Continuing a Separation Between Work Jobs and After-School Activities

Max Jiao '24, Staff Writer

An integral part of Loomis Chaffee is the work job program: a chunk of time out of students’ busy schedules dedicated to giving back to the school in some way, whether that be cleaning, tutoring, working as an environmental proctor, or carrying out administrative tasks.  One flaw in the program is that certain tasks take up too much time out of a student’s day, where it may be more beneficial for that work job to function as an after-school activity as well. While this concern is valid, making this switch will ultimately not be a good idea. There currently does not exist a work job that offers enough for students to do during a two-hour time frame every day, compared to an afternoon activity. Additionally, student leadership positions in work jobs are difficult to restrict to a defined period of time each day. If these leadership positions double-serve as an after school activity, it would defeat the purpose of having that role in the first place.

The only work jobs that could potentially serve as after-school activities are those that require a significant time commitment. For example, Environmental Proctors, or E-Proctors who work at Loomis’ apiary or maple sugar shack, can spend up to 3 hours or more on a given task, while  other work jobs, such as Tour Guide, Quantitative Resource Center/Writing Studio tutor, or Dining Hall cleanup, takes up only about an hour.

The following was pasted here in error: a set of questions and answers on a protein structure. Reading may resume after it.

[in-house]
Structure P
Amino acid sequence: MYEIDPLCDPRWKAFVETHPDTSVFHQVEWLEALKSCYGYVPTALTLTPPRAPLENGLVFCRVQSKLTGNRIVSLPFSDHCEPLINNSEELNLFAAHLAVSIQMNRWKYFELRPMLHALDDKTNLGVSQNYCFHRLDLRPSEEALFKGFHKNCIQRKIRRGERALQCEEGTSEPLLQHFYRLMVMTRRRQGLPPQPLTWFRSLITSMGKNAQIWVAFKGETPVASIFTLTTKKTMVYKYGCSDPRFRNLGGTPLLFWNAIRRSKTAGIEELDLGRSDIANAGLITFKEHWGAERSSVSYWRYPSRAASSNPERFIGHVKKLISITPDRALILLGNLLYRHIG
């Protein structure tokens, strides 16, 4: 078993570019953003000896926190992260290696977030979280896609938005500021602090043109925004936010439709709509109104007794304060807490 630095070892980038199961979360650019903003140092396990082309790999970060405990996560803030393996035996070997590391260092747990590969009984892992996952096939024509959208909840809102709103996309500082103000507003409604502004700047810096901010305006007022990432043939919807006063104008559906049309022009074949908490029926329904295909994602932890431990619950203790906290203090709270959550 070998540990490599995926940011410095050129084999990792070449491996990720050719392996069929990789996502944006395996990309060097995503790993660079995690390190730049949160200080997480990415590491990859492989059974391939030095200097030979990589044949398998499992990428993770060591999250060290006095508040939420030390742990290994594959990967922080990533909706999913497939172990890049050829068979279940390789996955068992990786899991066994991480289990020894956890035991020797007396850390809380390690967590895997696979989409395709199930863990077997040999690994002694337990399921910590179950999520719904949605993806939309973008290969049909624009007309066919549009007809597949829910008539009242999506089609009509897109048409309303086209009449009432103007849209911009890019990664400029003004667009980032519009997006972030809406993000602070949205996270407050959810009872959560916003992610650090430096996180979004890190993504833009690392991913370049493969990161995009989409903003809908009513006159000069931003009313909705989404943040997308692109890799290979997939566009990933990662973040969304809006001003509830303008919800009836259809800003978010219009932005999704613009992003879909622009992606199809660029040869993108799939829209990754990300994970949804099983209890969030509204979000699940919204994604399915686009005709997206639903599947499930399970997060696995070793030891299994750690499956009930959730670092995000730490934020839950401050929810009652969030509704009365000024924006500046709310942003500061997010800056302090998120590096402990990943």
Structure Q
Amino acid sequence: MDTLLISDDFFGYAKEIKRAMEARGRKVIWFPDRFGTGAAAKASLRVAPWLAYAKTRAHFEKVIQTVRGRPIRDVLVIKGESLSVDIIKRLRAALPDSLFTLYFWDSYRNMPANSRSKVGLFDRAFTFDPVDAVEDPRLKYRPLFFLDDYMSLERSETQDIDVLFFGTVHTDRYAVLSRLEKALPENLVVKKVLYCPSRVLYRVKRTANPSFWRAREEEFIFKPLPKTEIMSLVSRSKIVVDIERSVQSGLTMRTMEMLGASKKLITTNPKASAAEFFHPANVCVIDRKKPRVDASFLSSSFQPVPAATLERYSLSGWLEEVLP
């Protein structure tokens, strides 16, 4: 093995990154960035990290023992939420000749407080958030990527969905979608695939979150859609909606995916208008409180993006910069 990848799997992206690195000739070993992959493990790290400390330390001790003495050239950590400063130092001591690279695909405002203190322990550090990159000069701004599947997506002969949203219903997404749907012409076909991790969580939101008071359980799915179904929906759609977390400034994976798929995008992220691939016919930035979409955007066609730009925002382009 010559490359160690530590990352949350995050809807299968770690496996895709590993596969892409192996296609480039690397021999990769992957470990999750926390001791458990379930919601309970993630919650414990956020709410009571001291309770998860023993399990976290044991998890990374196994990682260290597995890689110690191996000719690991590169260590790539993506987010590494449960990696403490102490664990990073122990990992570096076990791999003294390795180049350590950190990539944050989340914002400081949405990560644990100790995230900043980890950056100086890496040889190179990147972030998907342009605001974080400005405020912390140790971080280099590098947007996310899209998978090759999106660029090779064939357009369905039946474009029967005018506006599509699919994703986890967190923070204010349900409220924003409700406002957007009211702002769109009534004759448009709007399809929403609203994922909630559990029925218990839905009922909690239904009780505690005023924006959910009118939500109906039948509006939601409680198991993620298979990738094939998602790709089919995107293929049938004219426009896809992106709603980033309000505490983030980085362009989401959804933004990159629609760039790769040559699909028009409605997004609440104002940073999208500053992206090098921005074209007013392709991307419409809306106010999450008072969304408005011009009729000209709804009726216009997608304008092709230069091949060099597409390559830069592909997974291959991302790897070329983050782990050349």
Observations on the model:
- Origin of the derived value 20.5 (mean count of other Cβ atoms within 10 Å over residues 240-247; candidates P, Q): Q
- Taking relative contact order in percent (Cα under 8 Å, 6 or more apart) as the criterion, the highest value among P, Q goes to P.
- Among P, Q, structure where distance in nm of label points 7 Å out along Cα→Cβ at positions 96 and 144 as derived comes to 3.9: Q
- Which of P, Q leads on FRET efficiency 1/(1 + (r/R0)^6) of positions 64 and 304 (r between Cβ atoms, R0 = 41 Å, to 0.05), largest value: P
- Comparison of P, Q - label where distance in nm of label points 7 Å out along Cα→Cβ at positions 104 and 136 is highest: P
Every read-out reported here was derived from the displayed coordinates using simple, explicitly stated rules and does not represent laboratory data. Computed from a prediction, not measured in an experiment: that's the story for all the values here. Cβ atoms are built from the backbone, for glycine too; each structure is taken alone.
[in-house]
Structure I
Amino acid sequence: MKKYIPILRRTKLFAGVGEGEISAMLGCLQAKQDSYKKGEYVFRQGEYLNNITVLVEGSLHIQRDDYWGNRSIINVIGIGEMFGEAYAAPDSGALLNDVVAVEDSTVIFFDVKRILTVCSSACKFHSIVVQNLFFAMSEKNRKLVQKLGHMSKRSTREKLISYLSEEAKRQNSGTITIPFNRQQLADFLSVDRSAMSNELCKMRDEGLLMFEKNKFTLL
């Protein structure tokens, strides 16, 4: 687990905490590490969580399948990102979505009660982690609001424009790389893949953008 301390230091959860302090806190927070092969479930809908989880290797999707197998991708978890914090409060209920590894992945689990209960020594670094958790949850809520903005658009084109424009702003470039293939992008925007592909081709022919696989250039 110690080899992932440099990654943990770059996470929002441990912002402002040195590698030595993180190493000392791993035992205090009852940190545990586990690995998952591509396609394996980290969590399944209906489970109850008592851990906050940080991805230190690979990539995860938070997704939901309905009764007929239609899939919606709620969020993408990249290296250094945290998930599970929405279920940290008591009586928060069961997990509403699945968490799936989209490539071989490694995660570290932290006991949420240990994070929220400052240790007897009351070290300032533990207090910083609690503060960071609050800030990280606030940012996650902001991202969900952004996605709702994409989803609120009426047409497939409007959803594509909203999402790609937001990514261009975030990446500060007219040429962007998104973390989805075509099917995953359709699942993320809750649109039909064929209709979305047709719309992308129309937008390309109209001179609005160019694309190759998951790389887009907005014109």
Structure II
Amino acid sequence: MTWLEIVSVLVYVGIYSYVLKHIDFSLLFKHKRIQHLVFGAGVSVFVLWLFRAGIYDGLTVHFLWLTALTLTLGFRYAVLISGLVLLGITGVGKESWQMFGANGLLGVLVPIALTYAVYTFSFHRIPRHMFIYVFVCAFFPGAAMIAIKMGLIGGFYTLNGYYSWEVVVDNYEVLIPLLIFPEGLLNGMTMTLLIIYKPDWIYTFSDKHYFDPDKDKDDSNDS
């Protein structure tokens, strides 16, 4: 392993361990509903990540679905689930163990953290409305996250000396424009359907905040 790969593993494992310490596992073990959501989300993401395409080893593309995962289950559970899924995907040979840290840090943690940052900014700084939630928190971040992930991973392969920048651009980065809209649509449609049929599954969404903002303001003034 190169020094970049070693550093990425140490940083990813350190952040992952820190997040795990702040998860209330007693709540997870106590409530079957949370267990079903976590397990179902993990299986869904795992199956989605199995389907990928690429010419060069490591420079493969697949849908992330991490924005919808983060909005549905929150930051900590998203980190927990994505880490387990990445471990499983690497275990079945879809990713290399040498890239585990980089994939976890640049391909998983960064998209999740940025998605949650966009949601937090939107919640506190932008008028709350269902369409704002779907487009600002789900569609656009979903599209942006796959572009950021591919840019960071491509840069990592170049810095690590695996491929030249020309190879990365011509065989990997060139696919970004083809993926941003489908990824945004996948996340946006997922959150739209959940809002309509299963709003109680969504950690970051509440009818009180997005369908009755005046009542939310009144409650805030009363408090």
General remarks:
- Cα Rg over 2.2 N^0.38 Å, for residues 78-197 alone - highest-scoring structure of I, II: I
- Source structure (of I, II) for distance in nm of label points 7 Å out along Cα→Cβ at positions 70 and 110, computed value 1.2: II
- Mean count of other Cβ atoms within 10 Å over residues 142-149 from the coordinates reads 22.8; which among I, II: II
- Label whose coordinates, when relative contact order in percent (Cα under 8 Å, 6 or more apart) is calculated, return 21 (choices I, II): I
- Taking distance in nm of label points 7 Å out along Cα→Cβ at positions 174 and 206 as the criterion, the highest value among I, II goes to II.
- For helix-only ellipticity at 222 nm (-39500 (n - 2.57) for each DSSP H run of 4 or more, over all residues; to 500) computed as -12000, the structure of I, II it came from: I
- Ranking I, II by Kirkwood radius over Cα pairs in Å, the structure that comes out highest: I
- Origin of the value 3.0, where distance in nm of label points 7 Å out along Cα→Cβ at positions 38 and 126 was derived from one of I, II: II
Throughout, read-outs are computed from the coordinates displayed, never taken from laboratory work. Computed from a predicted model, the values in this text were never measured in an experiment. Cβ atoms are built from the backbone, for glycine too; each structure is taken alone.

Some students believe that jobs such as E-Proctor promote a collaborative nature similar to that of team camaraderie. However, restricting these work jobs to a much more rigid, daily schedule will be ineffective. 

“I would not be able to fill the afternoons with enough E-Proctor work due to the oscillating nature of the position — sometimes we have to wait for materials to be ordered or for faculty input before continuing with a project,” Sandro Mocciolo ’23, one of the head E-Proctors, said.

Having these leadership roles and work jobs as afternoon activities seems to be an easy way to shirk responsibility and spend time on only one job that serves two — as a work job and as an after-school activity. 

“I think the point of a leadership position is that it’s an extra responsibility,” said Mocciolo. Part of that extra responsibility is learning to manage that time between that position and a school-designated activity.

So there really doesn’t seem to be any reason for a single work job, leadership position or not, to serve as more than just that. Too much variation exists within the role to merit making it an after-school activity, and it ultimately defeats the whole purpose overall. Some work jobs do not have a defined schedule — rather, they meet on a need-basis. So, converting these work jobs to after school programs would result in not enough work for students to do.

Even if a proposal like this were passed, it likely would not make a difference. The majority of the school already has their own activities — like sports, academic-oriented clubs, community service programs, and so on — to attend. The more likely aftermath is that work jobs tied to leadership positions, such as head E-Proctor, International Student Ambassador, and Diversity, Equity & Inclusion Intern, will lack precedence over these other activities, effectively rendering the policy counterproductive.